3) Lago Bolsena No. 205 Col. Anáhuac, M. Hidalgo, DF. 
Informes: Rubén Tel. 52039595 facebook.com/klipmake

4) Priv. Jesús del Monte 54, Col. Cuajimalpa, delegación Cuajimalpa, DF. 
Informes al cel 5591658506

5) Calle Michoacán Parque México Col. Condesa, Delegación Cuauhtémoc, DF 
Domingos de 1 a 6 pm 
Informes: 5522195151
Contacto@mundopatitas.org.mx

6) Tlacotal Z 2308 Col. Gabriel Ramos Millán, Iztacalco D.F. 
De Lunes a Domingo de las 10:00 a 21:00 horas
Tel. 56548562 o 0445515777608

7) Felipe Carrillo Puerto #265 Col. Popotla. Del. M. Hidalgo, de 9 a 8 pm. 
Informes: 5539762422 anaid_1004@live.com.com

8)Alliant International University
Dirección: Hamburgo 115 Col. Juárez, entre Génova y Amberes (frente a Plaza La Rosa).
Tel: 55.25.76.51
Contacto: Arturo López A.
Mail: alopez@alliantmexico.com

9) Luz Saviñon # 702 esq Mier y Pesado, Col. Del Valle, B. Juárez, DF (donde se junta Av. Coyoacan-Division del Norte-Luz Saviñon y Mier y Pesado. 
Informes: 555543 5060

STATE of MEXICO:

10) Cerrada de Oyameles Lt 38 Casa 201 Planta Alta Col. Arboledas de San Miguel Cuautitlán Izcalli, Edo. Mex. 
Informes: 5534937098
mundopatitas.edomex@gmail.com

11) Óptica C&R Calle Vicente Guerrero # 9 Col. Xochicuac Ecatepec de Morelos (cerca de Plaza Ecatepec, sobre Vía Morelos) 
Horario de L a V 12 a 8 pm, y Sábado de 12 a 5 
Informes: 5532511690 cruzherdezlopez@yahoo.com.mx

If you like to help, please donate the following items to any of this shelters:

  • Water
  • Wet food
  • Dry food
  • Food for farm animals
  • Medical supplies 
  • Vaccines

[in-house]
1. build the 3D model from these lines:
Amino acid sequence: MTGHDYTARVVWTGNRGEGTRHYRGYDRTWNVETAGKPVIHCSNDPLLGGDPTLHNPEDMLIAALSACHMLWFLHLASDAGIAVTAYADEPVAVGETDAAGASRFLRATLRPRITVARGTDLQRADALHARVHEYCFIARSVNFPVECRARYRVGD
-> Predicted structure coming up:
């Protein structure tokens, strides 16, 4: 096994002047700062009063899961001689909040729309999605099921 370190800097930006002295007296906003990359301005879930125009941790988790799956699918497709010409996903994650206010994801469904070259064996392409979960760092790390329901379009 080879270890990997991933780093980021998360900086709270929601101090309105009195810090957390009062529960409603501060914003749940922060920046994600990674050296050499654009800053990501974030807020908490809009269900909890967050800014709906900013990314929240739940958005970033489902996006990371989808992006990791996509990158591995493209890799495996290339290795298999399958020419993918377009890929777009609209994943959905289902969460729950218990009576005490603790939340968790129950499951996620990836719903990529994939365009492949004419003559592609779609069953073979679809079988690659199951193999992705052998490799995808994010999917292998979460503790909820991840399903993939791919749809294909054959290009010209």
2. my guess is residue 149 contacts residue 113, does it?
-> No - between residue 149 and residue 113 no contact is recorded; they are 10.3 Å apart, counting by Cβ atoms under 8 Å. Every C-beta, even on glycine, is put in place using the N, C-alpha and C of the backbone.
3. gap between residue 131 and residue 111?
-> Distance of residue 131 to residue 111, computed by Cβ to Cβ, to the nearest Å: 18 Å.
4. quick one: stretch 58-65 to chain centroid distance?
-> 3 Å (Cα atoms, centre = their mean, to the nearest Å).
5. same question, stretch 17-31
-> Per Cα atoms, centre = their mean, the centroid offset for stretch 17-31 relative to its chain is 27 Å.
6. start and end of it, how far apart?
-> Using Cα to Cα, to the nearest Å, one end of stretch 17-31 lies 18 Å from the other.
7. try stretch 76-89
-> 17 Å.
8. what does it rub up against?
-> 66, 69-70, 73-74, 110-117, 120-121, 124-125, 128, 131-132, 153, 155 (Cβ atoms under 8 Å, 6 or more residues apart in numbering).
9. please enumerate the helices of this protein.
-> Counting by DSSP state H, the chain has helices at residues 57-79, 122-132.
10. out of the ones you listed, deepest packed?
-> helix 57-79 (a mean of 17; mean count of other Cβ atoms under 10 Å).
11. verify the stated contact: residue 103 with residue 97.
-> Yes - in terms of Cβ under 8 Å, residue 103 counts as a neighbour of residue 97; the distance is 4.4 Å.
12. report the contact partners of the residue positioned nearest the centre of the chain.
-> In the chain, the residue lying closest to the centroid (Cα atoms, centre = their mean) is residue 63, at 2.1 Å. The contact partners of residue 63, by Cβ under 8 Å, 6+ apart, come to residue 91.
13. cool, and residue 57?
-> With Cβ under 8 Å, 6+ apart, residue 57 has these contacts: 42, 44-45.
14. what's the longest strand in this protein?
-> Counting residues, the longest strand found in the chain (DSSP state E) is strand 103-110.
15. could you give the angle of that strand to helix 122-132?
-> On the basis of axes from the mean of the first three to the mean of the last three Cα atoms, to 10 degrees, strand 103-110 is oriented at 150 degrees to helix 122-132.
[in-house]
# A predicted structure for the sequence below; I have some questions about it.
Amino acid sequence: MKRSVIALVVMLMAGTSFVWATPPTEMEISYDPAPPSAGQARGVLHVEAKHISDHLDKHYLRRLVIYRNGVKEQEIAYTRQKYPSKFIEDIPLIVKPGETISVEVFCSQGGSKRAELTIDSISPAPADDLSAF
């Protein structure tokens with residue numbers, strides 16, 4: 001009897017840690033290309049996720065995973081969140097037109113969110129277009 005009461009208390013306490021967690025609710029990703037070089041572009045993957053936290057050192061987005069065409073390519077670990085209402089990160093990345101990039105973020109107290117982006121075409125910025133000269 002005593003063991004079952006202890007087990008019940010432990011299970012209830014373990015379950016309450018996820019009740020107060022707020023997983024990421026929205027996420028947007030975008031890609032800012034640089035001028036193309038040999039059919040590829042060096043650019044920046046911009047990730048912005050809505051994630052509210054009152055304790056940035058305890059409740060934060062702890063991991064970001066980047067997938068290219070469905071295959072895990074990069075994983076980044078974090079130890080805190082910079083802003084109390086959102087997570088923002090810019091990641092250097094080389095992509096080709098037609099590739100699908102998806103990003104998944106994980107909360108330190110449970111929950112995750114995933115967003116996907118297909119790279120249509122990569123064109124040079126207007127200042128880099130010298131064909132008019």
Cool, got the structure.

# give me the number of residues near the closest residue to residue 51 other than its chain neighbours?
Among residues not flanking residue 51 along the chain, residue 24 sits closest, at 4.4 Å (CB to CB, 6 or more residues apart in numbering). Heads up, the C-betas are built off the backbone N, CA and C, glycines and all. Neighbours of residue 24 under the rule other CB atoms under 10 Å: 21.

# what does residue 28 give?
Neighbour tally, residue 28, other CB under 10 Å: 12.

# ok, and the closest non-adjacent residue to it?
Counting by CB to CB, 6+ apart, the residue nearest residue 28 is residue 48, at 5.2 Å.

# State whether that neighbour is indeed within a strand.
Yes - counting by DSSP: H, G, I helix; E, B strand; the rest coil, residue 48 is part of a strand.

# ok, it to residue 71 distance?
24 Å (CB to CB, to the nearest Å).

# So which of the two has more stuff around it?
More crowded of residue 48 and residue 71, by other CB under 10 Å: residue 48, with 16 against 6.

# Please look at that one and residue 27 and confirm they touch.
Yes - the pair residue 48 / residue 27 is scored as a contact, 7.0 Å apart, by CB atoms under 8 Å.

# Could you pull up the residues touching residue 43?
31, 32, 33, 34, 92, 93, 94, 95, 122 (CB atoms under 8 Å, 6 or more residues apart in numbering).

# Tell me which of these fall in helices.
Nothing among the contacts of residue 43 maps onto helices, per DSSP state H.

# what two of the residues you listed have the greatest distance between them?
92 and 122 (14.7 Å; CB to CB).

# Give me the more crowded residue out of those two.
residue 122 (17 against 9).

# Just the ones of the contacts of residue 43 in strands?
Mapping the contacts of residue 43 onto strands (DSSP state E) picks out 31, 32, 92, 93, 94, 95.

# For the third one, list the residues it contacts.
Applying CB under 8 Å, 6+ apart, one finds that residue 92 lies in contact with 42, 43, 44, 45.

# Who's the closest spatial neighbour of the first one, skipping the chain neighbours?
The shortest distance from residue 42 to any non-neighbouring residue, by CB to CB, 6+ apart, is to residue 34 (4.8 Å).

• First Aid Kits
  • Blankets
  • Collars and Leashes
  • Plates and Dishes
Also Hotel Walton in Acapulco (Calete) is welcoming guest with pets and also are collecting supplies to help the animals in need. For information contact Elsa Salgado at (744) 2027-768.

image via: mundo patitas

Tuesday, September 17, 2013

Margarita


During the weekend festivities we went with a couple of friends to a cantina to drink some margaritas. Although the ones we have were quite tasty we notice that something was missing, after a few sips we figure it out... No Triple Sec! 
A lot people forget that the traditional original margarita comes with an orange triple sec liquor that is Cointreau. There's more than lime juice and tequila to the recipe. Here's the basic traditional recipe to the Margarita:

1-2-3- MARGARITA:

INGREDIENTS

  • Diamond Crystal kosher salt
  • 1 thin lime wedge
  • Ice
  • 1 1/2 ounces silver (blanco), 100 percent agave tequila
  • 1 ounce triple sec orange liqueur, preferably Cointreau
  • 1/2 ounce freshly squeezed lime juice (from about 1 lime)
  • 1 very thin lime slice, for garnish

INSTRUCTIONS

  1. Pour enough salt on a small plate to cover it.
  2. Rub the lime wedge on the outside rim of a 4-ounce cocktail glass. Holding the glass at a 45-degree angle, dip the outside rim in the salt, rotating as you do, so the entire rim is coated with salt. (Avoid getting any salt inside the glass.) Fill the glass with ice and place it in the freezer to chill.
  3. Add the tequila, triple sec, and lime juice to a cocktail shaker and fill the shaker halfway with ice.
  4. Shake vigorously until the outside of the shaker turns frosty. Strain the margarita into the chilled glass and garnish with a lime slice.